• The lack of defined reporting requirements for covered entity expenditures and revenue means there is no consistent accounting for 340B Program uses and benefits.

The Committee's Report also questioned tying 340B eligibility to hospital DSH status, given DSH status is based on inpatient metrics while 340B can only be used for outpatient drugs.

The Committee's Report made various recommendations, including the following:

  • Congress should clarify the intent and purpose of the 340B Program.
  • Congress should empower HRSA to clarify 340B Program requirements, monitor and track how the 340B Program is used, and ensure that low-income and uninsured patients directly benefit from 340B.
  • Congress should ensure that relevant stakeholders have access to 340B ceiling prices as well as require covered entities to disclose information about annual 340B savings and revenue.
  • Congress should clearly define charity care and establish a mechanism for reporting and monitoring charity care.
  • Congress should reassess whether DSH status is an appropriate metric for 340B Program eligibility.

Energy and Commerce Chair Representative Greg Walden did not say he had drafted legislation to implement the recommendations made in the Report. Instead, he said that he expected the Committee to discuss overhauling the 340B Program in light of the Report. Representative Walden did not rule out addressing the Medicare Part B reimbursement cut as part of any legislative overhaul.

And Then There Is Medicaid

As if the Medicare Part B reimbursement reduction and potential Congressional action were not enough, there are Medicaid changes afoot for 340B.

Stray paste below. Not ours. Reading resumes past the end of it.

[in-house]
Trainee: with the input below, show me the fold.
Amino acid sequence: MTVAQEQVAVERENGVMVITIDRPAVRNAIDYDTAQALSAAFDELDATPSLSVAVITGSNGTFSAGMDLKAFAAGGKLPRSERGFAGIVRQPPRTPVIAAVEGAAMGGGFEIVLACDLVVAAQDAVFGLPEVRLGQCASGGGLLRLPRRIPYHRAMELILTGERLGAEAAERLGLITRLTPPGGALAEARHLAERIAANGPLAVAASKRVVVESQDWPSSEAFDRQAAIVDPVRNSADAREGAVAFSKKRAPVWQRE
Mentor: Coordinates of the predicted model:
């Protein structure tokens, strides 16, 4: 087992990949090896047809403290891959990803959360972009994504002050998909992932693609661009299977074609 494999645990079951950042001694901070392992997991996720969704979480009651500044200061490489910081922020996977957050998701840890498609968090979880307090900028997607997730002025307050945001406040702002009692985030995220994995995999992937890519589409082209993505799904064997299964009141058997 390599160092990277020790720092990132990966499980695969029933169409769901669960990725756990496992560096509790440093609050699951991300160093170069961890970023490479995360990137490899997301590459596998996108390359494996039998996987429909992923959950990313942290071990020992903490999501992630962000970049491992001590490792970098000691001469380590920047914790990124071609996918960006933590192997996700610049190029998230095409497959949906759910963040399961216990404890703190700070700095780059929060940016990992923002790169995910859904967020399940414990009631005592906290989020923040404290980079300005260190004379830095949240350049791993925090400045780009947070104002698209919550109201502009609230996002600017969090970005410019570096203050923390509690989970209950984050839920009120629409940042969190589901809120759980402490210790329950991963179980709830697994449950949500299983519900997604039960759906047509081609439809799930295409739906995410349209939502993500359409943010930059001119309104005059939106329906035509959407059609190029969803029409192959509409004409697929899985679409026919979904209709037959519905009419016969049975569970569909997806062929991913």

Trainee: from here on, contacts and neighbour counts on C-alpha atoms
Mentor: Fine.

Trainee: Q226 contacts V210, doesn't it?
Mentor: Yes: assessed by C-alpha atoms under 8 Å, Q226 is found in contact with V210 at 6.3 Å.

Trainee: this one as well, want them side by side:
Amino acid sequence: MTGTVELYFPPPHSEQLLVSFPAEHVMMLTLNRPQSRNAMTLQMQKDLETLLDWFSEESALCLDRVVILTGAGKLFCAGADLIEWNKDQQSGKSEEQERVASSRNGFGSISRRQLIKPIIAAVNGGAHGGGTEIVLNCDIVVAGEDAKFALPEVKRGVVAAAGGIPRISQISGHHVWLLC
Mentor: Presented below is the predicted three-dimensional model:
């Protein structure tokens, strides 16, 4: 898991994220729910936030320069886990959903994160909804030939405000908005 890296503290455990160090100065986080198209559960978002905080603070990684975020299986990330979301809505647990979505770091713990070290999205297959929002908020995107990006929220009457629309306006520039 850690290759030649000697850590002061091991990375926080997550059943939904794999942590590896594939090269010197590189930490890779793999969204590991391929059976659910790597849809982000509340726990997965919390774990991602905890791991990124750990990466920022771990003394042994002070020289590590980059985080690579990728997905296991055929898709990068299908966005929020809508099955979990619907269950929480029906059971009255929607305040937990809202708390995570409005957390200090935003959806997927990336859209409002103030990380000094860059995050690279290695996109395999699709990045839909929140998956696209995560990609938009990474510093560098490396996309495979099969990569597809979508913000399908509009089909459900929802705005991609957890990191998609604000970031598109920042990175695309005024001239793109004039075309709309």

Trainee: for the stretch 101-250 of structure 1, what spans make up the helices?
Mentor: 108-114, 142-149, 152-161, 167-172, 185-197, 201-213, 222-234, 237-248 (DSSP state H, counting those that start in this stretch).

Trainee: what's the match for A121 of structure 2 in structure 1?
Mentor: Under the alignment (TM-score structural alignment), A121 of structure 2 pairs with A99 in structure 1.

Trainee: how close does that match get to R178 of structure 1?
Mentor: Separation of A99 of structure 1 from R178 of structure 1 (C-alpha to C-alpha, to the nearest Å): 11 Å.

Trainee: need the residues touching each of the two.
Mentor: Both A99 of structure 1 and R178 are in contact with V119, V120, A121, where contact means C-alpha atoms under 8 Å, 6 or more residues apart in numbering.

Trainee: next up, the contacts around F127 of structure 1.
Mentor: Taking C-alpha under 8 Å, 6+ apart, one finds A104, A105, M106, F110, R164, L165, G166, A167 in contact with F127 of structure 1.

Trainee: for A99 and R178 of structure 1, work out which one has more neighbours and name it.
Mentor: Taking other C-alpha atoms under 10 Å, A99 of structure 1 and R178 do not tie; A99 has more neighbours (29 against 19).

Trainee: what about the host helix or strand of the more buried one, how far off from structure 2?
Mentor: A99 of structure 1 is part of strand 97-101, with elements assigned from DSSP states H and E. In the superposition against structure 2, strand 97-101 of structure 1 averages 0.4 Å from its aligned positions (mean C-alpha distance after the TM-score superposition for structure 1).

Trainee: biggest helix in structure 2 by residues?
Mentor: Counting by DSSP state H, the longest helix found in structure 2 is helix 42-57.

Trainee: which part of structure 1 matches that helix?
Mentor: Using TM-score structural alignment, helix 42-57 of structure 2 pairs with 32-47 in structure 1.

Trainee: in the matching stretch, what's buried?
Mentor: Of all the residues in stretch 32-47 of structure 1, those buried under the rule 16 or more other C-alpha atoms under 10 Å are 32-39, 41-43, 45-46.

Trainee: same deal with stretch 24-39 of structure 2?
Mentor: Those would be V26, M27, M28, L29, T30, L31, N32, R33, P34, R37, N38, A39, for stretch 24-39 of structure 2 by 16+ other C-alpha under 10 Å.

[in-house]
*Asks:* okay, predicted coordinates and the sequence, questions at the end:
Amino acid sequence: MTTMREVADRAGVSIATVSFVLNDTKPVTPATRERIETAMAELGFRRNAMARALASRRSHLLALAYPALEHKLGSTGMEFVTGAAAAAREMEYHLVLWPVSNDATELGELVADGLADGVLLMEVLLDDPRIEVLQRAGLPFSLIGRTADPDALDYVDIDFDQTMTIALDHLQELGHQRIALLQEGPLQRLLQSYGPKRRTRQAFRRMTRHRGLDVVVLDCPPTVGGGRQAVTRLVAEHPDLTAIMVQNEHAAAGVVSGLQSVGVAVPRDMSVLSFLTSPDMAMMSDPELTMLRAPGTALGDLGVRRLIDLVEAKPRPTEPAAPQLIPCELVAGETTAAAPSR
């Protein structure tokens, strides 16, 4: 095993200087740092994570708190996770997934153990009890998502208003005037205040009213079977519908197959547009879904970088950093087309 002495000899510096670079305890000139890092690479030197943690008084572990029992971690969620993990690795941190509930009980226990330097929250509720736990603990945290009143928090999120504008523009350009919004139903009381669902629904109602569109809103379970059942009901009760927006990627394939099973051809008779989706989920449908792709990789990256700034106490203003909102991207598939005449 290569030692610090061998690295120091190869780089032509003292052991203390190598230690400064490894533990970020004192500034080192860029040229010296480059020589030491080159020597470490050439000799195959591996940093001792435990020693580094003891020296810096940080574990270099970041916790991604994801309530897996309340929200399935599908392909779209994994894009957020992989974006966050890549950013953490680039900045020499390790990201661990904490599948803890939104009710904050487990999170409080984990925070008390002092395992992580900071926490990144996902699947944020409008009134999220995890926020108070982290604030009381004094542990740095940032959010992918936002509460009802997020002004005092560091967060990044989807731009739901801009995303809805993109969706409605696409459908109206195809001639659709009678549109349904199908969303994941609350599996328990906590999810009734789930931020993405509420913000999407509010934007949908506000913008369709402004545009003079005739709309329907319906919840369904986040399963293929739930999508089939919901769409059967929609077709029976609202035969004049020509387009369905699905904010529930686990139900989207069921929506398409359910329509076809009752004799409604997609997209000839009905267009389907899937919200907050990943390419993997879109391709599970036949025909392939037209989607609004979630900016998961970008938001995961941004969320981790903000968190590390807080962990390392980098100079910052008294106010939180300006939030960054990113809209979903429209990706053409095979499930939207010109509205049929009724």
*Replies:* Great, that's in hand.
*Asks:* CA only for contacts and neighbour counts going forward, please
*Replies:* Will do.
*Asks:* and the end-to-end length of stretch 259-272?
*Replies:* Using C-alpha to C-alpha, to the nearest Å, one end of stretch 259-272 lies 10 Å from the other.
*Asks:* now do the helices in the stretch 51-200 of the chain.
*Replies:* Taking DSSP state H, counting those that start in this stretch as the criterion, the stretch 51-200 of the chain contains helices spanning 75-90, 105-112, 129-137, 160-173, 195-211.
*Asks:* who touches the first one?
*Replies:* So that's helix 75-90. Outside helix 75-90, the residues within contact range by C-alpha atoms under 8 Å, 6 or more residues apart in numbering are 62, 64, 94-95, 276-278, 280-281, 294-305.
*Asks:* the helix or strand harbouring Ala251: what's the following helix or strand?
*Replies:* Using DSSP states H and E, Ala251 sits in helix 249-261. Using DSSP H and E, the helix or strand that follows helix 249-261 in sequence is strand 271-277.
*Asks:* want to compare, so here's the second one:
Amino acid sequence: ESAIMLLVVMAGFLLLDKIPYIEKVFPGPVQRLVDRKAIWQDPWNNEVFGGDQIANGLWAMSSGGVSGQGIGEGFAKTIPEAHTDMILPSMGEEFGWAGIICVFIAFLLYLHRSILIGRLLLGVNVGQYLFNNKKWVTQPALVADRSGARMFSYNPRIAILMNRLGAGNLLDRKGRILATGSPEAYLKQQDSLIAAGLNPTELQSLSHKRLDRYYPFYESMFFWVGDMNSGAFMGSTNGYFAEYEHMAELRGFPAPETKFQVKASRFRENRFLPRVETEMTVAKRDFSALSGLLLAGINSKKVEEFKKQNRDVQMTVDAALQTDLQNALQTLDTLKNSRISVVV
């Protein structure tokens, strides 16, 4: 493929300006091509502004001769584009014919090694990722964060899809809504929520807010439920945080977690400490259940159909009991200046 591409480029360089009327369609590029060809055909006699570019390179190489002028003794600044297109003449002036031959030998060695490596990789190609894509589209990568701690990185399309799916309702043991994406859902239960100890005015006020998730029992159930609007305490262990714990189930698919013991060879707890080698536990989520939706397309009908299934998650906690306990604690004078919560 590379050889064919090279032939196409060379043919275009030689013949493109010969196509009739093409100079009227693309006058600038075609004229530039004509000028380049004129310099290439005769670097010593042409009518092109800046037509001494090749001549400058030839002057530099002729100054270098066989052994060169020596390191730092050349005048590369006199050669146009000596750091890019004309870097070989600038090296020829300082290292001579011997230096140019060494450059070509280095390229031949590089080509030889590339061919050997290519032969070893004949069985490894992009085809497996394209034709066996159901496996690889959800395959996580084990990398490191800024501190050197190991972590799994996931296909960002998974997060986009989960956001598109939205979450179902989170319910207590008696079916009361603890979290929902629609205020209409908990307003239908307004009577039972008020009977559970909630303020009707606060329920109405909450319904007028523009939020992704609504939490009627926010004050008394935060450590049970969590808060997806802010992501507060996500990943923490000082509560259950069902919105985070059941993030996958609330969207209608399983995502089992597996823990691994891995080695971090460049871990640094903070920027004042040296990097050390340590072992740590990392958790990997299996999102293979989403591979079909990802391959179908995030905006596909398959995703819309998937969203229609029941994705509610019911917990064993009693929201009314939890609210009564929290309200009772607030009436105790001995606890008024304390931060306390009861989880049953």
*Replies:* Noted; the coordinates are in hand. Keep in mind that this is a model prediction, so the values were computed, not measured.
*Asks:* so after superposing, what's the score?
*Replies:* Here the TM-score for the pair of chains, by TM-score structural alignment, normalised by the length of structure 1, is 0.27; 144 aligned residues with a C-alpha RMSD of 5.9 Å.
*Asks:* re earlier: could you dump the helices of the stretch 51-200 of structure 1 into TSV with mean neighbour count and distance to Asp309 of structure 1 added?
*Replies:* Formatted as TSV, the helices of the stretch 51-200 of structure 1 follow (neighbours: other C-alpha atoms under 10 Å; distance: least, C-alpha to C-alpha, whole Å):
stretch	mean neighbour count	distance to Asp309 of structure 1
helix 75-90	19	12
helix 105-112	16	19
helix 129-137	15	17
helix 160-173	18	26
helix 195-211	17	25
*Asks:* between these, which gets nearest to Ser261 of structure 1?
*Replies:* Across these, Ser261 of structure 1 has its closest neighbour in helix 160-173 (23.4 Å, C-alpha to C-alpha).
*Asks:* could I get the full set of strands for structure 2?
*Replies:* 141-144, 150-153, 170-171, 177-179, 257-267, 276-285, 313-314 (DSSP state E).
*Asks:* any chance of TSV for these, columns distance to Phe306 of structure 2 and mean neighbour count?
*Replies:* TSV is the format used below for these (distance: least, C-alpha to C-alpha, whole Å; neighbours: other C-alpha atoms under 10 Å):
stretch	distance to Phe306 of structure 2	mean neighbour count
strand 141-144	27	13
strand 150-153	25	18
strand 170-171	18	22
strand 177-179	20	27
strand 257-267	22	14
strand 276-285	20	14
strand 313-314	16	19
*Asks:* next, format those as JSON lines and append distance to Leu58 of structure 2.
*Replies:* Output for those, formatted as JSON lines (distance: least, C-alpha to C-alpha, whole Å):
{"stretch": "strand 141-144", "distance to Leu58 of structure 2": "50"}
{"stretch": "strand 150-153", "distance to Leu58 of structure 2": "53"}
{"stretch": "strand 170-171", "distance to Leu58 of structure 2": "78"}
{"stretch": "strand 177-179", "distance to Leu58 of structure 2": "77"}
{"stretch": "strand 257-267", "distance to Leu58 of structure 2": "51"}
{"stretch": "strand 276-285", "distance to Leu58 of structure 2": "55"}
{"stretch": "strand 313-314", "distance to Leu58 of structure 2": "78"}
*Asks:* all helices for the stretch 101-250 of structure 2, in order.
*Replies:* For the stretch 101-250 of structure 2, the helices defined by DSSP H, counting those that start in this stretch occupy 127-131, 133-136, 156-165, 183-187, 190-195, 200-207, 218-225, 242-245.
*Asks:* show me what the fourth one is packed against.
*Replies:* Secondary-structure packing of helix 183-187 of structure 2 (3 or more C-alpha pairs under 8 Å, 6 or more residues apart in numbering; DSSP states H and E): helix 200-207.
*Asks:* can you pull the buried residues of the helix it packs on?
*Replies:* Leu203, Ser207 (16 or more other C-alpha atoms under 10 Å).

As previously discussed, the 2016 changes to the AMP rule carried implications for 340B. By April 2017, all state Medicaid Plans had to be amended so that state Medicaid reimbursement for drugs was based on actual acquisition cost. For 340B drugs that meant states had to cap Medicaid reimbursement at the 340B ceiling price. Most states have adopted regulations to comply with the federal mandate.

A number of states went further in redesigning their Medicaid reimbursement methodology. HHS-OIG previously reported on concerns with 340B contract pharmacy procedures that fail to identify Medicaid and/or Medicaid managed care beneficiaries before billing for 340B drugs, leading to duplicate discounts. In 2017, a number of states, including Ohio and Oregon, eliminated those concerns by prohibiting 340B contract pharmacies from carving in Medicaid beneficiaries. Last week, as part of its proposed budget, California went further, proposing to eliminate any 340B entity from carving in Medicaid beneficiaries, so that California could lawfully collect rebates on all drugs reimbursed by Medicaid.

So once again there are a lot of moving parts in 340B. Will 2018 be a game-changing year for 340B? We will have to stay tuned.

The content of this article is intended to provide a general guide to the subject matter. Specialist advice should be sought about your specific circumstances.

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Ellyn Sternfield